5 Replies Latest reply: Jan 25, 2008 2:08 AM by NoComment
Matthew Pendergraff Level 1 Level 1 (0 points)
I am at my wits end trying to get my VPN set-up on my X-serve running 10.5 server. Here is what I have for a set-up.

I have set-up my X-Serve as a Standard Server install.

I have put "pinholes" in my router using the following port info:
1701 UDP L2TP - Mac OS X Server VPN service
1723 TCP PPTP - Mac OS X Server VPN service

When I try to log-in remotely, it says it is connecting and then comes back with "The Connection has failed. Please verify your settings and try again." I know my my log-in and password is correct.

Any help or direction at all would be VERY much appreciated. I am completely out of ideas after trying for a week. Thanks!

OSX Server, Mac OS X (10.5.1)
  • NoComment Level 1 Level 1 (5 points)

    you need a lot more "pinholes" in your firewall, have a look at http://images.apple.com/server/macosx/docs/NetworkServices_Adminv10.5.pdf and read the sections about VPN. you will need some very special ports opened, and as i'm currently not in reach of my firewall i can't send you the ports and protocol types you need to open for VPN.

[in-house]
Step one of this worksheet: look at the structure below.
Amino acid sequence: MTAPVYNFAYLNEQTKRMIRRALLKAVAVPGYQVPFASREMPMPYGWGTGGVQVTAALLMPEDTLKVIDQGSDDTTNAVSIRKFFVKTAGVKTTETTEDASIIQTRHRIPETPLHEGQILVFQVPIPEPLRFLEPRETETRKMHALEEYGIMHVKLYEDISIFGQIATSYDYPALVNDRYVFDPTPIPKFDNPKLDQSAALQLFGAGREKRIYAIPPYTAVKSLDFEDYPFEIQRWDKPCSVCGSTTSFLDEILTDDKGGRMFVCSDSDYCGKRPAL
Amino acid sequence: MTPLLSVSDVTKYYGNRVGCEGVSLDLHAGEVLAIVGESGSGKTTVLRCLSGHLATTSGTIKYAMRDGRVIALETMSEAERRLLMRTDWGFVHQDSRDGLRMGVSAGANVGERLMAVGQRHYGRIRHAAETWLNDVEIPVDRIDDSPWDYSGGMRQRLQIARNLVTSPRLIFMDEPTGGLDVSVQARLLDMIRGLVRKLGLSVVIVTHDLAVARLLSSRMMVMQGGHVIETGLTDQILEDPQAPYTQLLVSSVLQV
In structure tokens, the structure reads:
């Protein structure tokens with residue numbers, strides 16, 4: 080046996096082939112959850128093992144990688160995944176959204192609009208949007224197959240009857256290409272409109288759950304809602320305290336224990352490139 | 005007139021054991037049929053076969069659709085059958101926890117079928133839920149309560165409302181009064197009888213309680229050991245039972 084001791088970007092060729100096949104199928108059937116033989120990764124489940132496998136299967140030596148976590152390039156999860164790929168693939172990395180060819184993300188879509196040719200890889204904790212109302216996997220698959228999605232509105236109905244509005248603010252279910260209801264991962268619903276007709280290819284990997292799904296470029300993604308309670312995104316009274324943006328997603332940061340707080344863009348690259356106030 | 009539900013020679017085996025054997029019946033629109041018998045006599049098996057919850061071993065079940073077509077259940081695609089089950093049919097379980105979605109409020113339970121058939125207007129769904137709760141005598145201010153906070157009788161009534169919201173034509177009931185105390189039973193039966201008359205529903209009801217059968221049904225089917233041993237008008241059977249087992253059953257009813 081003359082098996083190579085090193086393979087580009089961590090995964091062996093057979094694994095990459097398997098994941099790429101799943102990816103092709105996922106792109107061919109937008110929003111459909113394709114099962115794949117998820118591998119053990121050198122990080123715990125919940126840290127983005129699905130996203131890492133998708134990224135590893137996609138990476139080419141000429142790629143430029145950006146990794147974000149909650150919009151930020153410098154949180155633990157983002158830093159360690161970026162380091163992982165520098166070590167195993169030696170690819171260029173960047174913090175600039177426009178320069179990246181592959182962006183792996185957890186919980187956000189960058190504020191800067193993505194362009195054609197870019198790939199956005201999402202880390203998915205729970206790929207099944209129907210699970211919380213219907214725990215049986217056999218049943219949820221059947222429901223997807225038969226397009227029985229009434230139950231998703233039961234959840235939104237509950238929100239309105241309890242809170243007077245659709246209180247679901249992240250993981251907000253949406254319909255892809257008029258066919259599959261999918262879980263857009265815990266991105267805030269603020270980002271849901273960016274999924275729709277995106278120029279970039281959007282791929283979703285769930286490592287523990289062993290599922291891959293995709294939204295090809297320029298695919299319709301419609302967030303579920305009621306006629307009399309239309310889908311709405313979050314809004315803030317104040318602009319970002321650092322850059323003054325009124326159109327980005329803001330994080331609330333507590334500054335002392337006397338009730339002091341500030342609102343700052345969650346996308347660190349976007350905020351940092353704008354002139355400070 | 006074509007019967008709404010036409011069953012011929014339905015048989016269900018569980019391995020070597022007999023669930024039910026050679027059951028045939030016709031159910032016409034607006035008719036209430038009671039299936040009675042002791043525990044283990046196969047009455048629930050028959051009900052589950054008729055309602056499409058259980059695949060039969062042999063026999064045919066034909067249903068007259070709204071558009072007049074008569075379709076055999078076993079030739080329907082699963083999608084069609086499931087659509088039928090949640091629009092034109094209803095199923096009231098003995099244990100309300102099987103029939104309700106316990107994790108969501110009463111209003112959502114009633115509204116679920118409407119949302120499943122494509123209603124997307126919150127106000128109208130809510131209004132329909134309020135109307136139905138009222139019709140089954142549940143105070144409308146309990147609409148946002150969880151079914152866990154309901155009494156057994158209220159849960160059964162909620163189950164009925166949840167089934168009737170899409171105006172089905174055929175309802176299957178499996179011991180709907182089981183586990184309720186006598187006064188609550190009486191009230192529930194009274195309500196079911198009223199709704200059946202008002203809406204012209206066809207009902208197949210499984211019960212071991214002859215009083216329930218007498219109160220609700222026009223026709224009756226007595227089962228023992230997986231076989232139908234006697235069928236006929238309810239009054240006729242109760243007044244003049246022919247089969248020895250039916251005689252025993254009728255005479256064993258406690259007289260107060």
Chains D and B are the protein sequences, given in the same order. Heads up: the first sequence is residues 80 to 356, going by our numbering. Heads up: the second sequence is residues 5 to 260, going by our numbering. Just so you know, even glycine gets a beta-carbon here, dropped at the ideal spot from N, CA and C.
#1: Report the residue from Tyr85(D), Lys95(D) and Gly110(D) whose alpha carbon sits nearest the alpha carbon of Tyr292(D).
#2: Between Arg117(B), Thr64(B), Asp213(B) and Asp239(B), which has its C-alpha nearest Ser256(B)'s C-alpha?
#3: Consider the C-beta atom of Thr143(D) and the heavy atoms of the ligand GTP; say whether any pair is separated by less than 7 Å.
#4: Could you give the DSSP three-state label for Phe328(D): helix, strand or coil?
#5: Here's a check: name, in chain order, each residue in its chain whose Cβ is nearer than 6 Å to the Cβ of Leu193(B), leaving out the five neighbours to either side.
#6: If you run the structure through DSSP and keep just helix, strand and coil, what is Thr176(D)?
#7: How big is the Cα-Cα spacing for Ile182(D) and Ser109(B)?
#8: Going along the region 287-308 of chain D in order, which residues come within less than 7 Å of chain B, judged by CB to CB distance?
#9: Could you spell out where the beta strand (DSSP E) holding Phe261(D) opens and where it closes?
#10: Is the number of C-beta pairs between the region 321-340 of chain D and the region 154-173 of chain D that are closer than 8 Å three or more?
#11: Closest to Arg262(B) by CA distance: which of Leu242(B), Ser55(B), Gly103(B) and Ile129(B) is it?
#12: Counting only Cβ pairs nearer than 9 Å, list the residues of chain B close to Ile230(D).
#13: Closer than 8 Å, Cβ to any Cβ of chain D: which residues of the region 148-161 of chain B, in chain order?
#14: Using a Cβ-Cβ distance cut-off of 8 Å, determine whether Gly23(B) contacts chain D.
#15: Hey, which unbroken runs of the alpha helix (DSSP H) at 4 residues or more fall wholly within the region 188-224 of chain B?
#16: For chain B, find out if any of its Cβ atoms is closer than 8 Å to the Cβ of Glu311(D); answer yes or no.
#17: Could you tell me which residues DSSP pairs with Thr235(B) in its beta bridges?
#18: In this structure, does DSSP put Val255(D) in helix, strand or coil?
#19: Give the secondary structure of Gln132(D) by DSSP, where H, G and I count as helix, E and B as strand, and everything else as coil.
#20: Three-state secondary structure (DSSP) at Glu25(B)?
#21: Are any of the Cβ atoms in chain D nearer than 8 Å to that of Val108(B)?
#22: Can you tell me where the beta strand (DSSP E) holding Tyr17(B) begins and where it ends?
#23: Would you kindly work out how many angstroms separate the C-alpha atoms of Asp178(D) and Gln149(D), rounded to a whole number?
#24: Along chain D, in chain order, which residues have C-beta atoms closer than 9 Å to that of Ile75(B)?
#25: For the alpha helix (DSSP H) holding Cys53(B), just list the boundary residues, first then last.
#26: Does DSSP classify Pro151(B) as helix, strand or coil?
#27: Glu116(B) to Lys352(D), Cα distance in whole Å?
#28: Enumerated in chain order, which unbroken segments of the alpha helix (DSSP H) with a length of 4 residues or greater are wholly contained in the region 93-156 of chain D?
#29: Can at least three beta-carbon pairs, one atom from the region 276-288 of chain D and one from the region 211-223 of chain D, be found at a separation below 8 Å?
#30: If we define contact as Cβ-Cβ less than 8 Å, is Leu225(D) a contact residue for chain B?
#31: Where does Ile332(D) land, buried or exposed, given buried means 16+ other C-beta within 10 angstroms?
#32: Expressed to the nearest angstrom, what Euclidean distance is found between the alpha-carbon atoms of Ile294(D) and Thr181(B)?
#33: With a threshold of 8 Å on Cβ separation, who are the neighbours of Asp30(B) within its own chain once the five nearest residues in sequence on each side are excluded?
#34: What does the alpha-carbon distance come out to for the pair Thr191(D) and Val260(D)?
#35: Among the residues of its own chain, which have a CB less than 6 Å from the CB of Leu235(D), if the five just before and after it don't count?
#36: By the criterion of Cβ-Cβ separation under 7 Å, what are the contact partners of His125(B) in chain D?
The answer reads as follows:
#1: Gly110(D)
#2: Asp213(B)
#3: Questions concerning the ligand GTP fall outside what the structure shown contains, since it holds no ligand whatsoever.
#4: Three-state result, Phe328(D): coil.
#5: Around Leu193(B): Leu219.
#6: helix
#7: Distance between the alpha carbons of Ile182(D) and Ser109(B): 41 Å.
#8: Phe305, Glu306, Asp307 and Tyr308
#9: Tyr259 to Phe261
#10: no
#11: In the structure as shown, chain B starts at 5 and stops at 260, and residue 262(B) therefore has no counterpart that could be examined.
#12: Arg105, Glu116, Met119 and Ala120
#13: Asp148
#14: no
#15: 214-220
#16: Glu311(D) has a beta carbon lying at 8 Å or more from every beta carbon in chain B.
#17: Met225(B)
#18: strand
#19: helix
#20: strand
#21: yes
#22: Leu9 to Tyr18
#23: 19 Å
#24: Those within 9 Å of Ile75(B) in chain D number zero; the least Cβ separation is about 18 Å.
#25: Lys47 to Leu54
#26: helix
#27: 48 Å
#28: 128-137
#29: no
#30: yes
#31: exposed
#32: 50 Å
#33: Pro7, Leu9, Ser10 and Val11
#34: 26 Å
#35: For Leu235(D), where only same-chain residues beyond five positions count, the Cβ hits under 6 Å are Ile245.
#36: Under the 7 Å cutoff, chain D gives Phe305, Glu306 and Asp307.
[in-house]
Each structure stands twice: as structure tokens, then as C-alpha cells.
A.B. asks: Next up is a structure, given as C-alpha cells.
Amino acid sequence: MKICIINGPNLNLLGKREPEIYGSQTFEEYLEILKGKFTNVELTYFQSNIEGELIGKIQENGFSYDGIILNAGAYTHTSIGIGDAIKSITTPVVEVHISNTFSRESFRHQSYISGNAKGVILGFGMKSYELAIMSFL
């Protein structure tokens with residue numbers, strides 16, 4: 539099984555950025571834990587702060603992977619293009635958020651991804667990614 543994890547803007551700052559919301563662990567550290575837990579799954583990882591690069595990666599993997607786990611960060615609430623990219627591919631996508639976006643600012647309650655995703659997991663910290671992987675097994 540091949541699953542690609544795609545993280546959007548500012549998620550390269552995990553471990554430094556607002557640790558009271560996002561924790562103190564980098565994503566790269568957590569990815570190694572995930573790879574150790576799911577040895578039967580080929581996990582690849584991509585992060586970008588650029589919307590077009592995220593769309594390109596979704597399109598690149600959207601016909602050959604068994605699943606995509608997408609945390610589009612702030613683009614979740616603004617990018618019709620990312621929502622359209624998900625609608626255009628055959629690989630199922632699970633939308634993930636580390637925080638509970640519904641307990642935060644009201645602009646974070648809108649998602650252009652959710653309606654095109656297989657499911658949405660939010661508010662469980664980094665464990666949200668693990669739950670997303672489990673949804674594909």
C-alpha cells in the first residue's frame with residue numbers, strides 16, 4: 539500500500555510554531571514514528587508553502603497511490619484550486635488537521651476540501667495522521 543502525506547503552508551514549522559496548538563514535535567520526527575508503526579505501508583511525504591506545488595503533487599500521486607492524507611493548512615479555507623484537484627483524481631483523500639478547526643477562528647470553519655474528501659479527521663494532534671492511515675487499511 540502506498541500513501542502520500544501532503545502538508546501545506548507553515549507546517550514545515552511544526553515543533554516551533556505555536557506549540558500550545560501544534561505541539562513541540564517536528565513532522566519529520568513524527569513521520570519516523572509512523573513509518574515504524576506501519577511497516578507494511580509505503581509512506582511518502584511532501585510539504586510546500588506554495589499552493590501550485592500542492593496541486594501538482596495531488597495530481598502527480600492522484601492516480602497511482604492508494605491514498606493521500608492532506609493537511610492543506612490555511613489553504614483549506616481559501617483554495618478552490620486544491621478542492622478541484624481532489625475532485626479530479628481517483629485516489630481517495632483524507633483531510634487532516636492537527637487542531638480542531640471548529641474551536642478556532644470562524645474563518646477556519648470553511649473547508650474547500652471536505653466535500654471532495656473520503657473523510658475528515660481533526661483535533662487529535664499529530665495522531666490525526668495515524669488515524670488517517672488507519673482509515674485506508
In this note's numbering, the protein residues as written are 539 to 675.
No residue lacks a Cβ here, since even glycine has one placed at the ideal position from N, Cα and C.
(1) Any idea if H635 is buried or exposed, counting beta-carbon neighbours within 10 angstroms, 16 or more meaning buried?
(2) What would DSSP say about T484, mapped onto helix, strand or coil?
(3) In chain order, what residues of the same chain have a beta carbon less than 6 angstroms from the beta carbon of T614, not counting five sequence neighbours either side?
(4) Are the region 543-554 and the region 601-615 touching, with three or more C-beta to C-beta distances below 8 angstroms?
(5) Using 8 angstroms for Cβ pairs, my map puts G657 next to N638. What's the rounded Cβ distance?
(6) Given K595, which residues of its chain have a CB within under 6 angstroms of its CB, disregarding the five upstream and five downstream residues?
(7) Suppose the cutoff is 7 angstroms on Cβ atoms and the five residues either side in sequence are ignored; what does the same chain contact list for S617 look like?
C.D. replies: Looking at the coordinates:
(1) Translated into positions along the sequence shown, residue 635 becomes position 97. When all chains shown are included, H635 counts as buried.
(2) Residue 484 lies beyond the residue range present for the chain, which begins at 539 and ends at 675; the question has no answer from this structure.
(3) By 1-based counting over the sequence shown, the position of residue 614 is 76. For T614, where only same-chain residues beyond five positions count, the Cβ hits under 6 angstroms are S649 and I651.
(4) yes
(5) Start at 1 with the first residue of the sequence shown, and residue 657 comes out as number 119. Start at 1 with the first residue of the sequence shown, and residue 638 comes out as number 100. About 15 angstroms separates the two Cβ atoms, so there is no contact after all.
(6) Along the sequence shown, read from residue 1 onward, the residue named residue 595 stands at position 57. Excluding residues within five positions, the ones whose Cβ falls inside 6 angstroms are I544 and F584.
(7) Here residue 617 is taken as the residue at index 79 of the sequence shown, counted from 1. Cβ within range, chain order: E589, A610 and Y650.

• Matthew Pendergraff Level 1 Level 1 (0 points)
    Thanks a lot! I think that was the issue. I found another posts and it suggested the following:
    UDP 500
    UDP 1701
    TCP 1723
    UDP 4500
    UDP 170

    The interesting thing about this is the UDP 170. This port is not listed in the list ("Well Known" TCP and UDP ports used by Apple) PDF Apple has posted. I am going to give this a try and see what happens. Thanks again for your help!
  • NoComment Level 1 Level 1 (5 points)

    i've opened ports 47/all (called GRE), 50/all (called ESP), 1701/L2TP, 500/VPN and 4500/IKE-NAT when using L2TP for VPN. i'm not sure if 47 and 50 are related to VPN or IChat, but i guess it's VPN

    the other ports you mentioned might be related to PPTP for VPN which you actually don't need. try restrict them to the ports i listed when using L2TP, try and if it doesn't work, open 47 and 50. it is important that these two ports support both TCP and UDP because actually they are not TCP nor UDP because they use something similair like ICMP (used for ping).

  • Jeff Kelleher Level 4 Level 4 (3,015 points)
    Not the answer you're looking for...but I'd recommend not using OS X server for VPN unless it's just inside the perimeter of your LAN and that's it's primary task. It's sort of like using your Mac as a firewall. Some functions are really meant to run form specific parts of your network.

  • NoComment Level 1 Level 1 (5 points)
    hi jeff,

    that's true, this is why i gonna change my network setup using a new hardware firewall with integrated VPN. this is much safer than running a max os x server behing a firewall for VPN (the more port forwards the more bad things can happen). the new soho firewalls even integrate with ldap or radius servers to keep user maintaince low.